Abstract: Background: Medicinal plants are the richest bio-resource of drugs of traditional systems of medicine, modern medicines, nutraceuticals, food supplements, folk medicines, pharmaceutical intermediates and chemical entities for synthetic drugs. Therefore, researchers today are emphasizing on evaluation and characterization of various plants and plant constituents against a number of diseases. The aim of the study was to investigate the secondary metabolites and high performance thin layer chromatographic (HPTLC) finger printing of different extracts of Juglone regia.Methods: The secondary metabolites were analyzed for various extracts by using standard techniques and HPTLC method has also been established to study the presence of various flavonoids and phenolic compounds for different extracts of Juglone regia.Results: A preliminary phytochemical study confirmed the presence of active chemical constituents in the plant extract and the result showed a positive report for the presence of flavonoids, alkaloids and cardiac glycosides.Conclusion: These substances are known components of medicinal plants and may explain the use of the preparations of the herbs under study for managing a number of common ailments including dysentery, diabetes, hypertension and some microbial infections.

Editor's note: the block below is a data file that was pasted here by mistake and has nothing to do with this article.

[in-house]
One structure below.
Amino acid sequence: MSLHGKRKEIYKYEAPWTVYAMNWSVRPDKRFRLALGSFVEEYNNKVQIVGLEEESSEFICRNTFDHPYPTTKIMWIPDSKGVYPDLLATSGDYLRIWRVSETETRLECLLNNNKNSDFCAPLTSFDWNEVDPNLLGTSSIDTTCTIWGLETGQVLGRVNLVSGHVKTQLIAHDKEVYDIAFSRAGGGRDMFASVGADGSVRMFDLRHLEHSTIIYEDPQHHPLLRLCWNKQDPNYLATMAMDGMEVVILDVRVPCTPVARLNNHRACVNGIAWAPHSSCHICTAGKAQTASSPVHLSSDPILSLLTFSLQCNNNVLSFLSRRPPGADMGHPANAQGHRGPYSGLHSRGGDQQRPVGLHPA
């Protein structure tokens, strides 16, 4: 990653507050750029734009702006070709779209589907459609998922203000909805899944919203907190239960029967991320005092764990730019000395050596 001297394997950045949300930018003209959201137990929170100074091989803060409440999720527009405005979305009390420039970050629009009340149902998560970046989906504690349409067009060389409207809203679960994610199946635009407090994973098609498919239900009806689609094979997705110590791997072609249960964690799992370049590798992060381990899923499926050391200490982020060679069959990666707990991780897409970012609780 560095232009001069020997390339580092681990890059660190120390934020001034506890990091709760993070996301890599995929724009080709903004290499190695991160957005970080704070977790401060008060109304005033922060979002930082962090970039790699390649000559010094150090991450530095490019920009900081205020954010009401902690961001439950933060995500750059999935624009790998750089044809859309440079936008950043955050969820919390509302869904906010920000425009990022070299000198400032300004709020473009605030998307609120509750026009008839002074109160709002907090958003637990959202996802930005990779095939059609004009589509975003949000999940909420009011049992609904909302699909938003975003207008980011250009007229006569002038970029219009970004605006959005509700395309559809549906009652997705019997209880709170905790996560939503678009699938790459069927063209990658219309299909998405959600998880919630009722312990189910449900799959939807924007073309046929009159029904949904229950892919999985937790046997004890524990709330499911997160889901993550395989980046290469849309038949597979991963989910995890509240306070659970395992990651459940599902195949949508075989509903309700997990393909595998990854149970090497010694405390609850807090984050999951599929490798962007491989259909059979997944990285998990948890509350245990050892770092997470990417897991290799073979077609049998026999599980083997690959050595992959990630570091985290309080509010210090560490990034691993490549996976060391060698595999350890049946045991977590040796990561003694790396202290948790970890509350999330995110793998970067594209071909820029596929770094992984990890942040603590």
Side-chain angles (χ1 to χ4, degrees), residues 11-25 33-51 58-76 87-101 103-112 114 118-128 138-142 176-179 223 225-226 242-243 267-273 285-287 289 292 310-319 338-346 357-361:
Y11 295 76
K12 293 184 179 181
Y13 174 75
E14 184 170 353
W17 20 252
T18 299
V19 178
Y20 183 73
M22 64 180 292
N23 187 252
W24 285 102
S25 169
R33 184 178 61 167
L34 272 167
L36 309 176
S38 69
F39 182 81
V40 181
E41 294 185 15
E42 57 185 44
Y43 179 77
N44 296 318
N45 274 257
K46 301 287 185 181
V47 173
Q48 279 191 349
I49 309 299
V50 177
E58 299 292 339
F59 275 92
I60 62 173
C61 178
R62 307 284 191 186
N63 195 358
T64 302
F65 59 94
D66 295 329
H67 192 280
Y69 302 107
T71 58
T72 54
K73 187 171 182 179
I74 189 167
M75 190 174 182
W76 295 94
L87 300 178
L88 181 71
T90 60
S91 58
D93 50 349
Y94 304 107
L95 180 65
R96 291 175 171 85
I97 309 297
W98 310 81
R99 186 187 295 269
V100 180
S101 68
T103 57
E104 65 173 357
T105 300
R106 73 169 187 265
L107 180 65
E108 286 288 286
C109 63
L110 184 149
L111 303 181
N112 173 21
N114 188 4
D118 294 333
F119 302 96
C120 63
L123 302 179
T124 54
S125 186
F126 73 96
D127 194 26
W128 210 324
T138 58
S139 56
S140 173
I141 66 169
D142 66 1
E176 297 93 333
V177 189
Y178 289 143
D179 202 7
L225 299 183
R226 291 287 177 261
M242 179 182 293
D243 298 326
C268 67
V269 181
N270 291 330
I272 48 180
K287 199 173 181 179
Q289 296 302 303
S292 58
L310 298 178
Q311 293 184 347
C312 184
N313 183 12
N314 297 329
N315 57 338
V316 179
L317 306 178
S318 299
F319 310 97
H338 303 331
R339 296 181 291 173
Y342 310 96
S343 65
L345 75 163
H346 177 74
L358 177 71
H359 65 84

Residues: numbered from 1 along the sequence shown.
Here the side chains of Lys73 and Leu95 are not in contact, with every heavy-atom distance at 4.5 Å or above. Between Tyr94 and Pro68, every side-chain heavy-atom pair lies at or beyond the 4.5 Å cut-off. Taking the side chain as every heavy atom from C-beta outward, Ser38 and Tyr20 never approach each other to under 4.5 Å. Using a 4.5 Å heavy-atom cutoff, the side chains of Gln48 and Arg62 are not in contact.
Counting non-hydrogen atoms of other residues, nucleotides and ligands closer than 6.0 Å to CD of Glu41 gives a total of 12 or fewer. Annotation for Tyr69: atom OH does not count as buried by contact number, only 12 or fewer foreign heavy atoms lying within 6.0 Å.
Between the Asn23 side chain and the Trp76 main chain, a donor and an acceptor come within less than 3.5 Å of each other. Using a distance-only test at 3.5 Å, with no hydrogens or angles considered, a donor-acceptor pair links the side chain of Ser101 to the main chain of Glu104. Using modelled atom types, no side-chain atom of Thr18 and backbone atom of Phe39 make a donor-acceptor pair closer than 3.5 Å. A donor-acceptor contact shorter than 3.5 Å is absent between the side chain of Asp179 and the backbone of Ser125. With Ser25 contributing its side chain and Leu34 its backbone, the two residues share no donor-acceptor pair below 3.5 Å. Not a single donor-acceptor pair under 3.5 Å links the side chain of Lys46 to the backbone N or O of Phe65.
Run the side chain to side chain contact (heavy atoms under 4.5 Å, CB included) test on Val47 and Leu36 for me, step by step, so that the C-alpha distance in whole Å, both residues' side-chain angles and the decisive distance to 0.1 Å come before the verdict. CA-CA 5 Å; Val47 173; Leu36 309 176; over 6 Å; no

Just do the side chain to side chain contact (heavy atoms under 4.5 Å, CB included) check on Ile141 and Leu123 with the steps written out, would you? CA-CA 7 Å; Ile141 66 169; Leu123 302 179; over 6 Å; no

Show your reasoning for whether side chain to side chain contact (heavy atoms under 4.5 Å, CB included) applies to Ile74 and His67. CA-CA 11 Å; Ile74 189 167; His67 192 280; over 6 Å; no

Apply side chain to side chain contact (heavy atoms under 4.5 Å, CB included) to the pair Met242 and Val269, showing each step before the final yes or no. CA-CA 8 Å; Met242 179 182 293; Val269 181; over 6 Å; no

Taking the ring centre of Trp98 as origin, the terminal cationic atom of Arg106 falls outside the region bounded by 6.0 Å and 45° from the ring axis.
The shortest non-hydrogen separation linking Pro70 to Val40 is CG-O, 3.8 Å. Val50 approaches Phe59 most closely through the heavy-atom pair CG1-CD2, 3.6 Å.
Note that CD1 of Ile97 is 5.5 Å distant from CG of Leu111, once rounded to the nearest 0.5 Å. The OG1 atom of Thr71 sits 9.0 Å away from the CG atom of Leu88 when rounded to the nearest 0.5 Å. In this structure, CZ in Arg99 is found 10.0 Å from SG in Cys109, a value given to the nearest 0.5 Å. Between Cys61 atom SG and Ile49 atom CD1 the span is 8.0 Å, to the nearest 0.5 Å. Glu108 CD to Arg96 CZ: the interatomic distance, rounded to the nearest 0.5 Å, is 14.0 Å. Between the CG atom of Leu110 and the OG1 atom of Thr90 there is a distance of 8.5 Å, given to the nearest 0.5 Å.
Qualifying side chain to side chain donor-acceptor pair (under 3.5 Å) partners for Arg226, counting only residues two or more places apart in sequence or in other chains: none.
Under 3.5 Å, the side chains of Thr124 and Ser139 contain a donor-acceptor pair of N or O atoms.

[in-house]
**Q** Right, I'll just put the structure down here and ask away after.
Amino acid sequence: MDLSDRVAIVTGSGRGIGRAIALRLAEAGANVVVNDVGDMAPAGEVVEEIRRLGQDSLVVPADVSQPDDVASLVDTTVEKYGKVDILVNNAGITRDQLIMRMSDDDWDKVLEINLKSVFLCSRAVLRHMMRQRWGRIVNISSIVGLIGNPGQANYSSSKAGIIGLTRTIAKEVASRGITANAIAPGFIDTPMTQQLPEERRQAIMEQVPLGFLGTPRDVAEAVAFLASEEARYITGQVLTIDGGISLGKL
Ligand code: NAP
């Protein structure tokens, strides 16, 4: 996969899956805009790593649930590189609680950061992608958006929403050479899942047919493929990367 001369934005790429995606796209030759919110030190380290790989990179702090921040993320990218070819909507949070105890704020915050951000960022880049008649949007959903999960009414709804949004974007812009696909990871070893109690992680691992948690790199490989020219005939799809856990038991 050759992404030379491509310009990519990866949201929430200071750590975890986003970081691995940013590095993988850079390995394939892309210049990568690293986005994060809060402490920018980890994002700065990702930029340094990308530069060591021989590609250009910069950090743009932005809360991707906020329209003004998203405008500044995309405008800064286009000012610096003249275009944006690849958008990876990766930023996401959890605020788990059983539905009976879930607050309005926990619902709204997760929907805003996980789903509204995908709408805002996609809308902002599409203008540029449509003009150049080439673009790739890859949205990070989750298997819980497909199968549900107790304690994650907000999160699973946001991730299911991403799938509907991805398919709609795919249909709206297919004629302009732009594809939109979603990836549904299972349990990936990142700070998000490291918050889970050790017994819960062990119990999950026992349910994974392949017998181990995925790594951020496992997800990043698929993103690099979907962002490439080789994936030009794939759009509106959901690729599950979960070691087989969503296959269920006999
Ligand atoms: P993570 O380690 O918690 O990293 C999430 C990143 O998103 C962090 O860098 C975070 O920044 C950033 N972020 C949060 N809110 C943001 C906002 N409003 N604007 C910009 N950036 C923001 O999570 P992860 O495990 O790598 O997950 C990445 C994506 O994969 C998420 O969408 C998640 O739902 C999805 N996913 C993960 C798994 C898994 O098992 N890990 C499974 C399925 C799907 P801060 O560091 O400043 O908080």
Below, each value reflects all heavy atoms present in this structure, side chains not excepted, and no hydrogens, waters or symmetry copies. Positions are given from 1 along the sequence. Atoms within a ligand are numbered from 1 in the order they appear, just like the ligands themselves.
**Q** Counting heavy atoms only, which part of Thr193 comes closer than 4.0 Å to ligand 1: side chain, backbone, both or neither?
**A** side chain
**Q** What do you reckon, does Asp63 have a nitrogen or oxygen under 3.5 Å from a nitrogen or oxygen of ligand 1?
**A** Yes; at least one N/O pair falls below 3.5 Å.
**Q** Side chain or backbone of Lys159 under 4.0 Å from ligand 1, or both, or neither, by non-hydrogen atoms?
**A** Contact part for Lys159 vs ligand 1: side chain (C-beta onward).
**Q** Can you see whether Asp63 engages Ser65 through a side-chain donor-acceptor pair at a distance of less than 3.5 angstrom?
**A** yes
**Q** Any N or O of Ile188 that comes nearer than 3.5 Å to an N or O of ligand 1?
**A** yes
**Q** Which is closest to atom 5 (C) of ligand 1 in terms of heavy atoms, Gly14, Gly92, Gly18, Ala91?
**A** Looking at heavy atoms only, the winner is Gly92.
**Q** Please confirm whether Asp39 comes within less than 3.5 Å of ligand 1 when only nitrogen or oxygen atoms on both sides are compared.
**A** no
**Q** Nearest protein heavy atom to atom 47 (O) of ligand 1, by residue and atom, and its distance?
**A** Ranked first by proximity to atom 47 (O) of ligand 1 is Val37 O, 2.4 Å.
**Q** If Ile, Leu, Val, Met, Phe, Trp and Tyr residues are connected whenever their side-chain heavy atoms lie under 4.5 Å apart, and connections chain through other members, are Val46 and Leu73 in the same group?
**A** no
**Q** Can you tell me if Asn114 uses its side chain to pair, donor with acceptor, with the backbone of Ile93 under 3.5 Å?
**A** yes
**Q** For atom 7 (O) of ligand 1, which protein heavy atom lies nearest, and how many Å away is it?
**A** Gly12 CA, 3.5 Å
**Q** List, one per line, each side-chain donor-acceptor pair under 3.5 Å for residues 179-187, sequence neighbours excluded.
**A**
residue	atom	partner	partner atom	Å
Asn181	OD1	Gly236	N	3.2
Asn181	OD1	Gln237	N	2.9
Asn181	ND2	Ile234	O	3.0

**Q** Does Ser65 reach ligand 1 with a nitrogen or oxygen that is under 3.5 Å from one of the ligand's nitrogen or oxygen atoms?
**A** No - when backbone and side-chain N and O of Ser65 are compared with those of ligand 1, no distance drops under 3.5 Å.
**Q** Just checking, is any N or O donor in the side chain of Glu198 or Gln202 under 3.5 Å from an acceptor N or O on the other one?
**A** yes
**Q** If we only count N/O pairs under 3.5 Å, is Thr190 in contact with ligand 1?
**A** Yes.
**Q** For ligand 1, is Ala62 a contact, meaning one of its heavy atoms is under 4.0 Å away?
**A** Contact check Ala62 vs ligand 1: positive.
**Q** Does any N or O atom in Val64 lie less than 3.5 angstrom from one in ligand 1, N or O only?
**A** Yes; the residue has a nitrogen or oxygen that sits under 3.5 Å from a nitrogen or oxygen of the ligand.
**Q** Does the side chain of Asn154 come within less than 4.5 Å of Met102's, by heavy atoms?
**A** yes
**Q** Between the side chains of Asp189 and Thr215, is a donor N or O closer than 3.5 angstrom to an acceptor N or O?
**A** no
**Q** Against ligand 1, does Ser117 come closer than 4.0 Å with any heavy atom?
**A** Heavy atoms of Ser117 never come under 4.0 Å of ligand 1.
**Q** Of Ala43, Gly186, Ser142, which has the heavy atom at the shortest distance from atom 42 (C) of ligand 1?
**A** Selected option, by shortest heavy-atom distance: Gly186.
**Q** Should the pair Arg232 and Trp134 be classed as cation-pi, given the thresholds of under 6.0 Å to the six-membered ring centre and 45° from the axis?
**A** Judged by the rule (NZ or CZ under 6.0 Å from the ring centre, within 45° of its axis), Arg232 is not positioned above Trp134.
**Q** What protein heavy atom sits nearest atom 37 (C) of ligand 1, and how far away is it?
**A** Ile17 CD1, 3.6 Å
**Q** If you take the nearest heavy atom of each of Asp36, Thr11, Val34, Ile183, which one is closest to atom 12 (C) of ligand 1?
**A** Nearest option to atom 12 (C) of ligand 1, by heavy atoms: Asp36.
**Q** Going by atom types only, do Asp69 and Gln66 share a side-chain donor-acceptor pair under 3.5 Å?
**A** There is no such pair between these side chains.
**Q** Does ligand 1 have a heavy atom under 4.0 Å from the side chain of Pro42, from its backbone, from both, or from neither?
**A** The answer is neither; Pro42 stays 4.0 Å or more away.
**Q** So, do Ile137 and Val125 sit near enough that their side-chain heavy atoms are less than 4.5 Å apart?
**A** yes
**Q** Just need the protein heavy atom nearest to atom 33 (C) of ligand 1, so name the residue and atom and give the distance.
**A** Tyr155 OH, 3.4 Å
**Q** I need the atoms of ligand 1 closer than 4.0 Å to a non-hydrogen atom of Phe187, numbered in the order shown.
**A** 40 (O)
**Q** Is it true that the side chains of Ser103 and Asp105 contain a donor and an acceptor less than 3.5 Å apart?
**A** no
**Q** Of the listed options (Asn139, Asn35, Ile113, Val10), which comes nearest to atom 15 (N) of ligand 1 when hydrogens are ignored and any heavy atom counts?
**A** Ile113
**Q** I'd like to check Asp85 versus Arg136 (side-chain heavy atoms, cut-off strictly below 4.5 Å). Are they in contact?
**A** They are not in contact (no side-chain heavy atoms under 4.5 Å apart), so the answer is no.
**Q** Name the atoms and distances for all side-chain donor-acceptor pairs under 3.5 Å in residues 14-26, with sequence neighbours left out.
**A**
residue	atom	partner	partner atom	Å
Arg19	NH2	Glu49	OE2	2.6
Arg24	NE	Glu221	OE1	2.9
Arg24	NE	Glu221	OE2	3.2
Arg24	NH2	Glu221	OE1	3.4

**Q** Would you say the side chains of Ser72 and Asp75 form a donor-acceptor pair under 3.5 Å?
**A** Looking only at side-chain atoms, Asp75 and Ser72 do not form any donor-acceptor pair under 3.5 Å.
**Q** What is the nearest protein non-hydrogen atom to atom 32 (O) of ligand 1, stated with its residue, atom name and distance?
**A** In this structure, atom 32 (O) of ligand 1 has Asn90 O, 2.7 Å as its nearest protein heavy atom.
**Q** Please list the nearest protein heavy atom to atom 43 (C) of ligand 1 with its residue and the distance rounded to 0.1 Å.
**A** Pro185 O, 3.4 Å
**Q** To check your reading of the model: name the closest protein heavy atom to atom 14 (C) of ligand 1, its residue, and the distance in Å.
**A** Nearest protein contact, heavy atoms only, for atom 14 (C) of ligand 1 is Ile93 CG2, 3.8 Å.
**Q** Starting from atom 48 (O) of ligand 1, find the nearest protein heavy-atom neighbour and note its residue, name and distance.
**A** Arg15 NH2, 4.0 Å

PubDate: 2014-07-13
      Issue No: Vol. 2 (2014)
  • Audit of orthopedic trauma theatre usage: Observation from a secondary
           regional referral hospital in Oman

    • Authors: Dinesh Dhar